2009: BQ?
                          Trent.Karma += 10;

                          When it’s all said and done, will you have said more than you’ve done?


                          Needs more cowbell!

                            When extreme, hyponatremia causes weakness, hallucinations, lightheadedness and vomiting. Notice that these, except vomiting, are all the same symptoms as you would get with dehydration and with hypoglycemia.
                            Trent, I've noticed that once I hit the 90 minute mark on a hot weather run that I definitely get weak, queasy, and chilled. Is this likely just an effect of the heat, or dehydration, or what? It was 80ยบ+ and humid on my last warm run. I felt pretty good until the last half hour or so when I didn't have any shade. I take ~40oz with me (Gatorade and water)...usually drinking at least 3/4 of this. k

                            I shoot pretty things! ~

                            '14 Goals:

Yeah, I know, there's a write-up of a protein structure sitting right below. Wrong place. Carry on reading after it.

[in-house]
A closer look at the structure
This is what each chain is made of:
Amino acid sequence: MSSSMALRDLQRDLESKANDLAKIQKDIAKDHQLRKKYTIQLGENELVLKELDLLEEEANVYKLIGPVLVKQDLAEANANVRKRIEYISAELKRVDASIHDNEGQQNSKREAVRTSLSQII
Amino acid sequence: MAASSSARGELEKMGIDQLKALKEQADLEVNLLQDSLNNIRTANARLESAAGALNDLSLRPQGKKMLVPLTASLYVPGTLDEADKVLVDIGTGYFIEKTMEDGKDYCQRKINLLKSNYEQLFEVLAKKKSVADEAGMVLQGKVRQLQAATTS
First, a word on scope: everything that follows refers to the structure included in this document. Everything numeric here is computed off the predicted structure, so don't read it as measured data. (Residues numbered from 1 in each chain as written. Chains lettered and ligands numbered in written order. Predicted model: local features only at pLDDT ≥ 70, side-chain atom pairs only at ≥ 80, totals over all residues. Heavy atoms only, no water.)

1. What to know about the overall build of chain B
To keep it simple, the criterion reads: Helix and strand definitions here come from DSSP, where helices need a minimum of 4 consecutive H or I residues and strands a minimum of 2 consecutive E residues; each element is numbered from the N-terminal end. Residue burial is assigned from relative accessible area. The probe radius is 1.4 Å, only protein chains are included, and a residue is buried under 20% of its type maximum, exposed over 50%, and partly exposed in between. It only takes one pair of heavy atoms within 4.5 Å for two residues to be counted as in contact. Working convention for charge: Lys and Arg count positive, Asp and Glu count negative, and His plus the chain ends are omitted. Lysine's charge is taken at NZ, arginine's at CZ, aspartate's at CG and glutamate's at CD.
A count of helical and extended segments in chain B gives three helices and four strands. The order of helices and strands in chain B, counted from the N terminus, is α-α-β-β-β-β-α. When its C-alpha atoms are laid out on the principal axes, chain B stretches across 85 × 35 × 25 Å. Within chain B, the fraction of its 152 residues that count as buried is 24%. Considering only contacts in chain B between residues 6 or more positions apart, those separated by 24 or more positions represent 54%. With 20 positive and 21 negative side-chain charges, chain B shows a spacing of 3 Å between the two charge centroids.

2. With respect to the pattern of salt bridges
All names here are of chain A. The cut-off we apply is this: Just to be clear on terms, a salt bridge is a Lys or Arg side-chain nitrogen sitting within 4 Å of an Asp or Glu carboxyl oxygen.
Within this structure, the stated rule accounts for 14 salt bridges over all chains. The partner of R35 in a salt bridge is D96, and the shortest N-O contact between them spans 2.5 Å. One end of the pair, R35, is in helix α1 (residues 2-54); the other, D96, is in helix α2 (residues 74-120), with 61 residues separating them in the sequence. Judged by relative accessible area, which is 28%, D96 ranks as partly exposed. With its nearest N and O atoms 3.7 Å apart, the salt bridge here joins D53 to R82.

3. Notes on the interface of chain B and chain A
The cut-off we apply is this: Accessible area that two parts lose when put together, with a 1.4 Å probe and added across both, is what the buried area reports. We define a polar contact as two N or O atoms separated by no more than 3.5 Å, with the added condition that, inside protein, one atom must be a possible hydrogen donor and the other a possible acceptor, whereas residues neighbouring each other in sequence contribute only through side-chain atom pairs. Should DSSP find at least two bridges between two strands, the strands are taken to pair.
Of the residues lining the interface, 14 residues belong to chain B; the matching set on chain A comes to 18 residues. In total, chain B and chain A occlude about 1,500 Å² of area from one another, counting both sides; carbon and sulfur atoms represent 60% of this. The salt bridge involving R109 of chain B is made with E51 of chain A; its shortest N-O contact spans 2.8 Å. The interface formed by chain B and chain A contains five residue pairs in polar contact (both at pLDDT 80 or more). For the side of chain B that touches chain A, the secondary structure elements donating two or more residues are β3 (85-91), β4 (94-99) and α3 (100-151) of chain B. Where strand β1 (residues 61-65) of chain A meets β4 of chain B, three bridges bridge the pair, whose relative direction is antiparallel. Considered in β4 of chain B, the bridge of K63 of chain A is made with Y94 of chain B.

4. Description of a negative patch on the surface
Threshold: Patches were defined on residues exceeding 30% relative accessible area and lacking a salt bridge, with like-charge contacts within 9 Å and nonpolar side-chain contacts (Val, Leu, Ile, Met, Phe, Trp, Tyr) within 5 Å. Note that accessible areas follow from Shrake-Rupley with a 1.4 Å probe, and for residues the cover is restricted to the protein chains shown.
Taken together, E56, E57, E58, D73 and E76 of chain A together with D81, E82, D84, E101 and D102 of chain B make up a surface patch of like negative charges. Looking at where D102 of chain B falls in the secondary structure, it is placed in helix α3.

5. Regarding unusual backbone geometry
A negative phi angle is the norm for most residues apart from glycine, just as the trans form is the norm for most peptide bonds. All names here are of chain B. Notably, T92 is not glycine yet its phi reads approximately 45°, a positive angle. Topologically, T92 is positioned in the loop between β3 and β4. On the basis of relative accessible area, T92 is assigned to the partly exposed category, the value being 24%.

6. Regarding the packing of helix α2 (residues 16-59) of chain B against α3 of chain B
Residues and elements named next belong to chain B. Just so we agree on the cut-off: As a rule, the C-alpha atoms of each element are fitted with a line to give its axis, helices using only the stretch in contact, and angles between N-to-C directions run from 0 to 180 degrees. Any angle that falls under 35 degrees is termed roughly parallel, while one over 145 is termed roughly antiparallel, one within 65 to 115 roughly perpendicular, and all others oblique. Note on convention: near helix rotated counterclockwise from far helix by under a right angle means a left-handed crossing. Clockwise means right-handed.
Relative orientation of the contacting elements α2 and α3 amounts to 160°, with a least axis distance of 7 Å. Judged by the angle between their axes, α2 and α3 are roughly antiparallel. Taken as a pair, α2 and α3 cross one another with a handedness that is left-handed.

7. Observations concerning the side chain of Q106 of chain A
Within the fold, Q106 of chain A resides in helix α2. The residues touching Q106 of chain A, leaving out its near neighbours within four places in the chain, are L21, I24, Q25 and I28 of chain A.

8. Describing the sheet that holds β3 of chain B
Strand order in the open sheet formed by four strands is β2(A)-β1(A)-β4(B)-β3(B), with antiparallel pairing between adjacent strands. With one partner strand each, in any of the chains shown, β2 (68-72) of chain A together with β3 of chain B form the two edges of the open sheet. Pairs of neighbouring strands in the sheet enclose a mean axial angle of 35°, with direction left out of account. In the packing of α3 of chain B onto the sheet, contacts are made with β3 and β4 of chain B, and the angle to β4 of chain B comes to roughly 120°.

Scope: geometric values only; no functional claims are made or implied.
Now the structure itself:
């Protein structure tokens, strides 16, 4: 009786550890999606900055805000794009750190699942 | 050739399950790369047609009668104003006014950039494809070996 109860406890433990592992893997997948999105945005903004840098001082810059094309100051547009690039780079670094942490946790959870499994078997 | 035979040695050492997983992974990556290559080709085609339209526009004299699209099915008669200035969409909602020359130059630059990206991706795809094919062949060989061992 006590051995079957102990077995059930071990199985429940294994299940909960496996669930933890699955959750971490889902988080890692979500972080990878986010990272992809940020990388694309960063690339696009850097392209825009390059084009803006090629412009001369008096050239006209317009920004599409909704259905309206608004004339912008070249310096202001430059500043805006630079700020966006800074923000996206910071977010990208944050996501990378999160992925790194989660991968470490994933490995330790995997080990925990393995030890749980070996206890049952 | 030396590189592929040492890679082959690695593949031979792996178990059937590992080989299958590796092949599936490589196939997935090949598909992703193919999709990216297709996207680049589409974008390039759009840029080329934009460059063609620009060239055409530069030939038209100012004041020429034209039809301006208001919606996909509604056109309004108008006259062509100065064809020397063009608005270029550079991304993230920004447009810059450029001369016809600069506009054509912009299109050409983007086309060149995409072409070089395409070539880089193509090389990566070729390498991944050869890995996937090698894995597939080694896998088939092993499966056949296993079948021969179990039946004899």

• 2 olympic distance duathlons -- 6 days apart -- PR at least 1

                            • 130#s (and stay there, gotdammit!)


                            I've got a fever...

                              "...he looks really really bad and I'm a doc". I hate to pull that card
                              I would love to pull that card, which is probably one of the many reasons why I'm not a doctor. To me that card is 2nd place, right below the Supreme Court Justice Card. What is the Supreme Court Justice Card, you ask? Well, if you're one of The Nine, if anyone ever asks you to do anything, you can simply say: "F**k you. I'm on the Supreme Court." That would be cool. In fact, if I were on the Supreme Court, that would be my initial response anytime anyone spoke to me (except my wife).

                              On your deathbed, you won't wish that you'd spent more time at the office.  But you will wish that you'd spent more time running.  Because if you had, you wouldn't be on your deathbed.

                                I would love to pull that card, which is probably one of the many reasons why I'm not a doctor. To me that card is 2nd place, right below the Supreme Court Justice Card. What is the Supreme Court Justice Card, you ask? Well, if you're one of The Nine, if anyone ever asks you to do anything, you can simply say: "F**k you. I'm on the Supreme Court." That would be cool. In fact, if I were on the Supreme Court, that would be my initial response anytime anyone spoke to me (except my wife).
                                That's hilarious, Jeff!

                                When it’s all said and done, will you have said more than you’ve done?